February was a busy month in the House of Commons with a substantial number of bills and motions debated and passed, including many from our Conservative team. Bill C-204, which would ban the export of non-recyclable plastic waste to foreign countries, was passed at second reading. Canada must show leadership - we have the means to properly dispose of plastic waste here in Canada, and we should not be exporting it for other countries to deal with. Despite all but one of the Liberal MPs voting against this bill, I was happy to see it passed with support of MPs from other opposition parties. Bill C-220, which would extend the length of compassionate care leave up to three weeks beyond the death of a loved one, passed second reading in February. Currently, full-time employees can take up to 28 weeks off work through the compassionate care leave benefit to care for a loved one who has a serious medical condition with a significant risk of death. However, the current leave ends within days of a loved one’s death. This bill will allow more time for caregivers to grieve and take care of practical necessities before returning to work.We also used an Opposition day opportunity to bring forward a motion in the House calling on Parliament to recognize the genocide being carried out by the People’s Republic of China against Uighurs and other Turkic Muslims. While this motion passed unanimously, I was saddened to see the Prime Minister and all but one member of cabinet failed to even show up for the vote.Famed Holocaust survivor and scholar Elie Wiesel said: “We must always take sides. Neutrality helps the oppressor, never the victim. Silence encourages the tormentor, never the tormented.” The government’s silence on this issue spoke volumes. Bill C-238, which would impose tougher sentences for criminals smuggling illegal firearms, came to a vote and sadly was defeated with all but two Liberal MPs voting against it. To truly tackle gun violence the government needs to tackle where criminals are getting their firearms, and this bill would have done just that. Statistics show many gun crimes in Canada are committed by firearms illegally smuggled into Canada. Unfortunately, by not supporting this important bill, the government leaves Canadians vulnerable to gun violence with illegally imported firearms.There is still much work to do, but I remain committed to working with my colleagues from all parties to ensure all legislation passed in the House of Commons will benefit our community, leaving a better Canada for our future generations.Should you have any questions about legislation before the House of Commons, or wish to propose ideas, please don’t hesitate to reach out by emailing me at marty.morantz@parl.gc.ca 

February was a busy month in the House of Commons with a substantial number of bills and motions debated and passed, including many from our Conservative team. 

Bill C-204, which would ban the export of non-recyclable plastic waste to foreign countries, was passed at second reading. Canada must show leadership - we have the means to properly dispose of plastic waste here in Canada, and we should not be exporting it for other countries to deal with. 

Friday, Mar. 5, 2021

Christian Diotte / House of Comm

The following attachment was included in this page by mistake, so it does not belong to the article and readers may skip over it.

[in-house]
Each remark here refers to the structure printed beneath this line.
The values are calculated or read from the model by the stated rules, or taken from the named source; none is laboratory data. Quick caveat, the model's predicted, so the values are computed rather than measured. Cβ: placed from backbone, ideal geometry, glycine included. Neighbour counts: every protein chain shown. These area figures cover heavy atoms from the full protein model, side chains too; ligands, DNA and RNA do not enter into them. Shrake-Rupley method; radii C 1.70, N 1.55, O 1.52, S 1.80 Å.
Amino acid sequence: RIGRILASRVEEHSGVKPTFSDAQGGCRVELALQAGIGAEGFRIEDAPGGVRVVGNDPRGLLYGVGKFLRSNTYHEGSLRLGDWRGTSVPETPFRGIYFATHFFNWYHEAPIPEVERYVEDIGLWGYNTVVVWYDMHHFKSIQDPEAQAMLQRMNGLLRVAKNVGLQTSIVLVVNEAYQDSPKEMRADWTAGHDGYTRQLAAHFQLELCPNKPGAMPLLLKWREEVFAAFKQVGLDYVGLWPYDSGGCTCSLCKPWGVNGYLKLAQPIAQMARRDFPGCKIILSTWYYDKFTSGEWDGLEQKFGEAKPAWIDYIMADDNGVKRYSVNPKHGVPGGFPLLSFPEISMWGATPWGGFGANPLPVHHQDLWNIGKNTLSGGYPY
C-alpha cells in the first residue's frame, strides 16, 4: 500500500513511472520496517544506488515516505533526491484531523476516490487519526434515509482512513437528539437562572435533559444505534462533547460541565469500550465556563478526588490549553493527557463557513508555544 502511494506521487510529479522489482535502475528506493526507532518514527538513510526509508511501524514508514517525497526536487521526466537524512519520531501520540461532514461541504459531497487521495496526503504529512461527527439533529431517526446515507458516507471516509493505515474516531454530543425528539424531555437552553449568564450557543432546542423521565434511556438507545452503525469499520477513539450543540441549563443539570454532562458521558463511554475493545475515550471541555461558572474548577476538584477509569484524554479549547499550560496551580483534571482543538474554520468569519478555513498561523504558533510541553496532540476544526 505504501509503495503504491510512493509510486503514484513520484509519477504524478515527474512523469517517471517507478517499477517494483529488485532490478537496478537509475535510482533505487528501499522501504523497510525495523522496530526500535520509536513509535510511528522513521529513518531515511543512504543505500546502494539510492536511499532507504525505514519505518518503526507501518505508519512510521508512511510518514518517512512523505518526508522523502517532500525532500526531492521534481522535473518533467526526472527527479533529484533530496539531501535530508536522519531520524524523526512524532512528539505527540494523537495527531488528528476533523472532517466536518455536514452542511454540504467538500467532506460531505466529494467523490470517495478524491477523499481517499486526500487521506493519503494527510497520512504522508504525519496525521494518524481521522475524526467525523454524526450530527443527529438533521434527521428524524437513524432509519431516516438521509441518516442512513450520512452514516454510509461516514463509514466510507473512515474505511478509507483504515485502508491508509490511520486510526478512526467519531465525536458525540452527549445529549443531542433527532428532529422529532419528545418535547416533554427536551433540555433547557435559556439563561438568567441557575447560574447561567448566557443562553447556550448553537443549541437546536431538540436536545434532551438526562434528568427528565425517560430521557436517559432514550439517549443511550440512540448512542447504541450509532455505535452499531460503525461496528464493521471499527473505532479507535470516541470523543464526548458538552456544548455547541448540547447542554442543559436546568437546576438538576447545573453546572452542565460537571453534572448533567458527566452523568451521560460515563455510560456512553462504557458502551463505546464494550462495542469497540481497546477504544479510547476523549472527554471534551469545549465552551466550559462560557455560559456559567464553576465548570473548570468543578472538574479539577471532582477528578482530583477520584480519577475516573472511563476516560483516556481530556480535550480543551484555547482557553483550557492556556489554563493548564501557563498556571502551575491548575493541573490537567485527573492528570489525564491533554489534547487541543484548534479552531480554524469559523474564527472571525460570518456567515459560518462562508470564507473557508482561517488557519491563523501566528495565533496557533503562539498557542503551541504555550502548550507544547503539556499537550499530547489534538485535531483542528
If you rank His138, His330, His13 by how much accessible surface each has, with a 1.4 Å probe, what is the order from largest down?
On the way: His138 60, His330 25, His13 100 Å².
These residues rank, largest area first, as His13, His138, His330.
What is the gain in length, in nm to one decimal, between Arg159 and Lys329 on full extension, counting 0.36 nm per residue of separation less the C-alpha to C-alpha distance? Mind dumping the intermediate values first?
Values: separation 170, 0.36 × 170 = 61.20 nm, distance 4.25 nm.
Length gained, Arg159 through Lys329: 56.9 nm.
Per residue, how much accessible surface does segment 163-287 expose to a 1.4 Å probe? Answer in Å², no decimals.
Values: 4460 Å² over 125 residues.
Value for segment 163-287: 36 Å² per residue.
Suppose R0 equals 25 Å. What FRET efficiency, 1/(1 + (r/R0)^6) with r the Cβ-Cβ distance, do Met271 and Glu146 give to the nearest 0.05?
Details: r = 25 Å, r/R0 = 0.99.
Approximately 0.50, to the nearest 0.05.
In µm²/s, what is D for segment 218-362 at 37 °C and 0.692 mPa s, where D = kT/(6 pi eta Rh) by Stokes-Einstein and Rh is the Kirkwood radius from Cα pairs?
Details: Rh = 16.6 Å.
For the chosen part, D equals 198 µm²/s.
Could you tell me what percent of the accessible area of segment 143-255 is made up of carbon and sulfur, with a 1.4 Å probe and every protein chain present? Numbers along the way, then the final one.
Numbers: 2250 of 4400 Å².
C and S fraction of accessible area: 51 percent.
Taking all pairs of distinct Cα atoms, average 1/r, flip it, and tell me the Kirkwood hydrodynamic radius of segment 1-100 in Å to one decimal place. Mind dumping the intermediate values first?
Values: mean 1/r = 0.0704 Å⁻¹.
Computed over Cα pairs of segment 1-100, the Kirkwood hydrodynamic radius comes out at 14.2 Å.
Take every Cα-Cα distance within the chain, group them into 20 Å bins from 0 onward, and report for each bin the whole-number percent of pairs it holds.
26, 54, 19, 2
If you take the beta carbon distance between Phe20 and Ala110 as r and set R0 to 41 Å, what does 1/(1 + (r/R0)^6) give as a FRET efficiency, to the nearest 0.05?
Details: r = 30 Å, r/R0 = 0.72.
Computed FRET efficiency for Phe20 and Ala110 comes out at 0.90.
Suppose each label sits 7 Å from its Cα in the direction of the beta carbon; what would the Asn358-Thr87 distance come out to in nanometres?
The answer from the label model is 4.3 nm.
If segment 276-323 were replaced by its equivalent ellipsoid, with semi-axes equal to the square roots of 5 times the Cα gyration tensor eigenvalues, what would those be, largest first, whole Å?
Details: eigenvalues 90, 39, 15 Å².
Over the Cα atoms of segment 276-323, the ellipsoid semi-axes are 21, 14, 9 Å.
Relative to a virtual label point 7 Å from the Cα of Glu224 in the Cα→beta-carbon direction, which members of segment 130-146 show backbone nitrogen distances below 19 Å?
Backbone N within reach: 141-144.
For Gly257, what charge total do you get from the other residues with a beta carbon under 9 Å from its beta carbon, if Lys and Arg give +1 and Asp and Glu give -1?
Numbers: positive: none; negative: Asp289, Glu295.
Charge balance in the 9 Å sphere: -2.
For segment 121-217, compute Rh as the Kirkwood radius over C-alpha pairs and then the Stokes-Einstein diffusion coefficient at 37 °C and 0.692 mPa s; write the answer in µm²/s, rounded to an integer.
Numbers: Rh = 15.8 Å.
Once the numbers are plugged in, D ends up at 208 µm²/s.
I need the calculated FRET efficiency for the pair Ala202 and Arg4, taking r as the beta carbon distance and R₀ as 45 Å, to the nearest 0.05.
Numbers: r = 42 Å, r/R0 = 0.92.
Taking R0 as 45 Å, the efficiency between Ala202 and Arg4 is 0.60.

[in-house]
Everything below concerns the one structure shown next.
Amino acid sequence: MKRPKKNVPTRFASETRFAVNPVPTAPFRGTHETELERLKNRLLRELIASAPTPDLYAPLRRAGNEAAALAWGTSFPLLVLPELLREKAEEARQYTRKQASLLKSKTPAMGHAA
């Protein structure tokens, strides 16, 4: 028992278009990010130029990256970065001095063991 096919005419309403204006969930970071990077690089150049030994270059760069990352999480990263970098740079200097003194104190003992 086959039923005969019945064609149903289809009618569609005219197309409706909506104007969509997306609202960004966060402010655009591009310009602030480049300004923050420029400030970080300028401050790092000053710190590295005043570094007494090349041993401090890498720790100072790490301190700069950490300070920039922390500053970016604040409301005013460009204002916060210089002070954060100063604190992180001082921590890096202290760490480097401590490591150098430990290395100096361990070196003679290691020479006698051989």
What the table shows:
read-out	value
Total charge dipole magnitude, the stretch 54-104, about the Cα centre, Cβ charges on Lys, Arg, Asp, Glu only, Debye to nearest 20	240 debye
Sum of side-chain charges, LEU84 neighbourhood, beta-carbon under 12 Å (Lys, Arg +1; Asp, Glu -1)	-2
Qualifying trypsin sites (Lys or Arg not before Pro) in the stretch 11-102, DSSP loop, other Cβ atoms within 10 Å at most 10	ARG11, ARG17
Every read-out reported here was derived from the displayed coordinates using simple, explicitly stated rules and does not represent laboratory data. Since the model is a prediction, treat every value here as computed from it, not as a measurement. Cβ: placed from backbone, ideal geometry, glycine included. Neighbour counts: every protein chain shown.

Charleswood-St. James-Assiniboia-Headingley MP Marty Morantz speaks in the House of Commons.

MP Morantz offering tax clinic and more

Marty Morantz 4 minute read Preview

MP Morantz offering tax clinic and more

Marty Morantz 4 minute read Friday, Feb. 5, 2021

In addition to bringing our community’s concerns forward, my office offers a number of services. These include providing support navigating federal departments and bringing attention to your applications and submissions for government programs and supports. Last year, before the COVID-19 pandemic hit, my office was happy to offer to a free tax clinic to those in our community with low incomes.Last year we were able to help 35 people access $42,016.90 in tax refunds and $11,217.91 in GST refunds. I am hoping to help more in our community file their taxes and access the tax-saving measures available to them.Over the month of January, my team and I have been working with our qualified volunteers to find a way to offer a tax clinic again this year for those who made under $35,000 in 2020, while also respecting provincial health guidelines. I’m pleased to announce that we’ve been able to find a way to continue providing this service to our community safely. If you are interested in having your taxes prepared through this free tax clinic, please call my office at 204-984-6432 for more information.In addition to this tax clinic, I’ve teamed up with the Assiniboia Chamber of Commerce, along with the office of small and medium enterprise within Public Services and Procurement Canada, to offer an information session on how local businesses can sell their products and services to the federal government.This information session will be held Feb. 26 from noon to 1 p.m., streaming live on my Facebook page at www.facebook.com/martymorantzWithin the presentation, we’ll be going over some facts of government procurement and tips on how local businesses in our community can bid on government contracts.  After the presentation there will be a question-and-answer. If there are specific questions you want addressed, please email them to me in advance at Marty.Morantz@parl.gc.ca If you aren’t already following my Facebook page, be sure to follow before Feb. 26 so that you can get a notification for this event and stay updated on the work I’m doing as your federal representative. Should you need any assistance navigating any federal department or have questions about policies enacted by the federal government, my office is always available to help.

In addition to bringing our community’s concerns forward, my office offers a number of services. These include providing support navigating federal departments and bringing attention to your applications and submissions for government programs and supports.